Appealed from: U.S. District Court for the Southern District of New York; Judge Pollack.
Rich, Mayer and Lourie, Circuit Judges. Rich, Circuit Judge, dissenting.
Unique Concepts, Inc. and Floyd M. Baslow (collectively "Unique") appeal from the May 4, 1990, final judgment of the United States District Court for the Southern District of New York, holding that certain products produced by defendants Kevin Brown (d/b/a Creative Walls, Templar and Schram) and World Plastics Extruders, Inc. (collectively "Brown") do not infringe Unique's patent. Unique Concepts, Inc. v. Brown, 735 F. Supp. 145 (S.D.N.Y. 1990). We affirm.
Unique is the exclusive licensee under U.S. Patent 4,108,260 ('260 patent), entitled "Fabric Wall Coverings," issued April 19, 1977, and owned by Floyd M. Baslow. Contrary to its title, the patent is not directed to wall coverings themselves, but to an "assembly of border pieces" used to attach a fabric wall covering to a wall. The assembly is made up of a number of "right angle corner border pieces" and "linear border pieces" which are arranged so as to form a frame around the area of a wall to be covered.
Below is Fig. 2 from the '260 patent, showing an exploded view of the assembly of border pieces forming the framework.
The '260 patent issued from application Serial No. 680,703, filed April 27, 1976 (Baslow application), which as originally filed contained 14 claims. Claim 1, the only independent claim, recited an assembly comprising "linear border pieces and right angle corner border pieces," each of the border pieces having a raised face, a storage channel, and a keyway. The original claims of the Baslow application were rejected by the Patent and Trademark Office (PTO) as being unpatentable in view of various references. The Examiner found that the references "show frames including corners in arrangements similar to that of applicant . . . ."
In response, the applicant amended his claims and argued against the references, stating that "the main advantage of the present invention is that it greatly simplifies the mounting of a fabric covering . . . . Thus an amateur can practice the present invention . . . ."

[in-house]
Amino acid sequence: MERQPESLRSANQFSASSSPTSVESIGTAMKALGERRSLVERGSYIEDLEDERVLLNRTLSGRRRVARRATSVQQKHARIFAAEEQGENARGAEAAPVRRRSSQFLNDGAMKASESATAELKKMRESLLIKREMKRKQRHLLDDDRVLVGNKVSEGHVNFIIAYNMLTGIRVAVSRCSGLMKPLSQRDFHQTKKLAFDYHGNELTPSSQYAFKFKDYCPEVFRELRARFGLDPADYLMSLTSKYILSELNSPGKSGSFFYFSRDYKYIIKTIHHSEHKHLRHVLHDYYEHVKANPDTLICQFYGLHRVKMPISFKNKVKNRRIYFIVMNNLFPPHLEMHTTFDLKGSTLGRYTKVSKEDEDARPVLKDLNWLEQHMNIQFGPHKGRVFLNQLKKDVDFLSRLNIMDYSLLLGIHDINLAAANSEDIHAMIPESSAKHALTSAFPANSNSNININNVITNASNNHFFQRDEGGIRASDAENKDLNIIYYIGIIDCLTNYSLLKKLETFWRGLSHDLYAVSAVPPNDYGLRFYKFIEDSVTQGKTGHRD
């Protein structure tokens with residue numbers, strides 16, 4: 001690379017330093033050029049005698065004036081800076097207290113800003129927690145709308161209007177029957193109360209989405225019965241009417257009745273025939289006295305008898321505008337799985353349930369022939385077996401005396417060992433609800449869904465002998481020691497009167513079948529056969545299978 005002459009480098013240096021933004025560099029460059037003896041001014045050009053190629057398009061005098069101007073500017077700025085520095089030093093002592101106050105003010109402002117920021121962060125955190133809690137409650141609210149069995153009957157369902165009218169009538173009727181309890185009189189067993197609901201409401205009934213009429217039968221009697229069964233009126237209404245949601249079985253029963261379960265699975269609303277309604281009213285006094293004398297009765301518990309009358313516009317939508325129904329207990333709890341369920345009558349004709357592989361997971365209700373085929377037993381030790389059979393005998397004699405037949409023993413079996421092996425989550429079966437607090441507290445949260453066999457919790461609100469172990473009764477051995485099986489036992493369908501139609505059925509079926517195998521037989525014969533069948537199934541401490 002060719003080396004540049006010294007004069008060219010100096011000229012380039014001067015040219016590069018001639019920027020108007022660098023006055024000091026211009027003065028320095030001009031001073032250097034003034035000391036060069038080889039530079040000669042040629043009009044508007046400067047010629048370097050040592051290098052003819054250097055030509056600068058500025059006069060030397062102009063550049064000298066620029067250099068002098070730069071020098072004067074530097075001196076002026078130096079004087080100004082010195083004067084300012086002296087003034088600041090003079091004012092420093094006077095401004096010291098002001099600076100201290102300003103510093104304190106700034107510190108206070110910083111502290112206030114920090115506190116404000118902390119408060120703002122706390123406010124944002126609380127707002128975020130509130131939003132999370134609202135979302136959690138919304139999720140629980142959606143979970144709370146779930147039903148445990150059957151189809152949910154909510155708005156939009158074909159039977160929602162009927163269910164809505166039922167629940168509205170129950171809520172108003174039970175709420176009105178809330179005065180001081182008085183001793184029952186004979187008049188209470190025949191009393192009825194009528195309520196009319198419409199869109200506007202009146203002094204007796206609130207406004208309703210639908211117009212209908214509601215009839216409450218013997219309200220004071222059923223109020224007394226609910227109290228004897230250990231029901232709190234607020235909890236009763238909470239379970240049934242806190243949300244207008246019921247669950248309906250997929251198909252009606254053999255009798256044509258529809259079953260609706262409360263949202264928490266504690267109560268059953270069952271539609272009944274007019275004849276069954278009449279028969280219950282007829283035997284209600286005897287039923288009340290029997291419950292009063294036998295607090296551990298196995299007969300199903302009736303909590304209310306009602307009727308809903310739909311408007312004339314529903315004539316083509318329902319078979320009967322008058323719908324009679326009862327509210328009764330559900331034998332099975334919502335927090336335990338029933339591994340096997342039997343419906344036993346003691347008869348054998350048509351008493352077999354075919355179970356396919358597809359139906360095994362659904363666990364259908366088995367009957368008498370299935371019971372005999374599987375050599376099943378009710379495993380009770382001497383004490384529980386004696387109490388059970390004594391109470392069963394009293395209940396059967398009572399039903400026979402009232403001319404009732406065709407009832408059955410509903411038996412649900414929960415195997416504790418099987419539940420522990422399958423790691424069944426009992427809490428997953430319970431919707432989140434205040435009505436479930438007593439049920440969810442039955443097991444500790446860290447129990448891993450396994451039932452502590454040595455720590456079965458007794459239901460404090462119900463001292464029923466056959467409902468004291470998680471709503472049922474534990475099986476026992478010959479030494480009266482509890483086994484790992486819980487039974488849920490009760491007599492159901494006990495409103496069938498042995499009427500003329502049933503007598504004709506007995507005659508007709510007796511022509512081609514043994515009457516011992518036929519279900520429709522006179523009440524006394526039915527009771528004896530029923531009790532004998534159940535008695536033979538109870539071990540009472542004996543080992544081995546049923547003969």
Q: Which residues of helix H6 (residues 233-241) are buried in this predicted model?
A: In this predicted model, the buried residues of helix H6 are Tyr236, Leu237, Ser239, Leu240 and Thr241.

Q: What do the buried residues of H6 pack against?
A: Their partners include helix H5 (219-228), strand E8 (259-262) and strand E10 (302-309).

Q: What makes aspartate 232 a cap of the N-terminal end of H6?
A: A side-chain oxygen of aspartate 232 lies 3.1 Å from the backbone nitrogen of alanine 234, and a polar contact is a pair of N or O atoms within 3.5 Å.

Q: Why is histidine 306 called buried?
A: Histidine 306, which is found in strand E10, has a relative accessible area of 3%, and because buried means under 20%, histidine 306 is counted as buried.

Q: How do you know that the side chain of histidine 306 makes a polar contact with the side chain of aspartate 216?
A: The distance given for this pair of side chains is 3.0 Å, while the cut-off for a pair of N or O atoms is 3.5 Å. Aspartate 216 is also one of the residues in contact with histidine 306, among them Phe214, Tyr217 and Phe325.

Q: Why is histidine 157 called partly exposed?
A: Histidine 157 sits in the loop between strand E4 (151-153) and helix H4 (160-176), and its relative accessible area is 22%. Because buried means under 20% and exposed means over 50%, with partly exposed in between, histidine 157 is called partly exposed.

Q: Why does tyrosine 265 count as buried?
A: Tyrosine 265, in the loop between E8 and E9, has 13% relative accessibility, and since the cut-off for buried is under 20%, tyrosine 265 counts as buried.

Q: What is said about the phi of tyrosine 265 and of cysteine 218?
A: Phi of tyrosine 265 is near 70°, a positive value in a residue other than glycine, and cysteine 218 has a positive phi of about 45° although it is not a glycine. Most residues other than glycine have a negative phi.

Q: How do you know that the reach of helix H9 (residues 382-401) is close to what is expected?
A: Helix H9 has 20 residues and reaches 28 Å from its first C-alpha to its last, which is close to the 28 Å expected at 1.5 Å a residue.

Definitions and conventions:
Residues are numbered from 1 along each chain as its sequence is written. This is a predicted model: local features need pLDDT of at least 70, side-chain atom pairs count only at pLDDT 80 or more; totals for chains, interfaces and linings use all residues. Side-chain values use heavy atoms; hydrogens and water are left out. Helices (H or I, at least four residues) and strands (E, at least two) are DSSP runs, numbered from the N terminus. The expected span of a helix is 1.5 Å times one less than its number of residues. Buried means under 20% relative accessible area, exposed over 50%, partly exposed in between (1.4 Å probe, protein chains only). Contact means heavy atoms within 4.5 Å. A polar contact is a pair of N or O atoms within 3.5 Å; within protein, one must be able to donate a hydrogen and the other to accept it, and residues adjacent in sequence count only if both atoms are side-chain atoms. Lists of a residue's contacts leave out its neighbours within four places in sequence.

The next item in the file history is a notice of allowability together with an examiner's amendment cancelling claims 1-3 and 5-14, and amending claim 4 to depend from claim 15. Application claims 15-17 and 4 issued as claims 1-4 of the '260 patent, respectively. Claim 1, the sole independent claim, reads:
1. An assembly of border pieces for creating a framework attachable to a wall or other flat surface for mounting a fabric sheet which is cut to dimensions at least sufficient to cover the surface, said assembly comprising linear border pieces and right angle corner border pieces which are arranged in end-to-end relation to define a framework that follows the perimeter of the area to be covered, each piece including a raised face, a storage channel running adjacent the outer edge of the piece and having a narrow inlet communicating with said face, the portion or the selvage of said sheet which includes fabric material in excess of that necessary to cover said surface being stuffed in said storage channel so that the exposed selvage of the sheet lies against said face to present a smooth appearance which extends to said inlet and is directly adjacent said perimeter, said linear pieces being formed of an integral one piece plastic material of sufficient elasticity to permit dilation of said inlet whereby said inlet may be temporarily expanded to admit said excess material and then contracted to retain said excess material in said storage channel.
B. The Proceedings in the District Court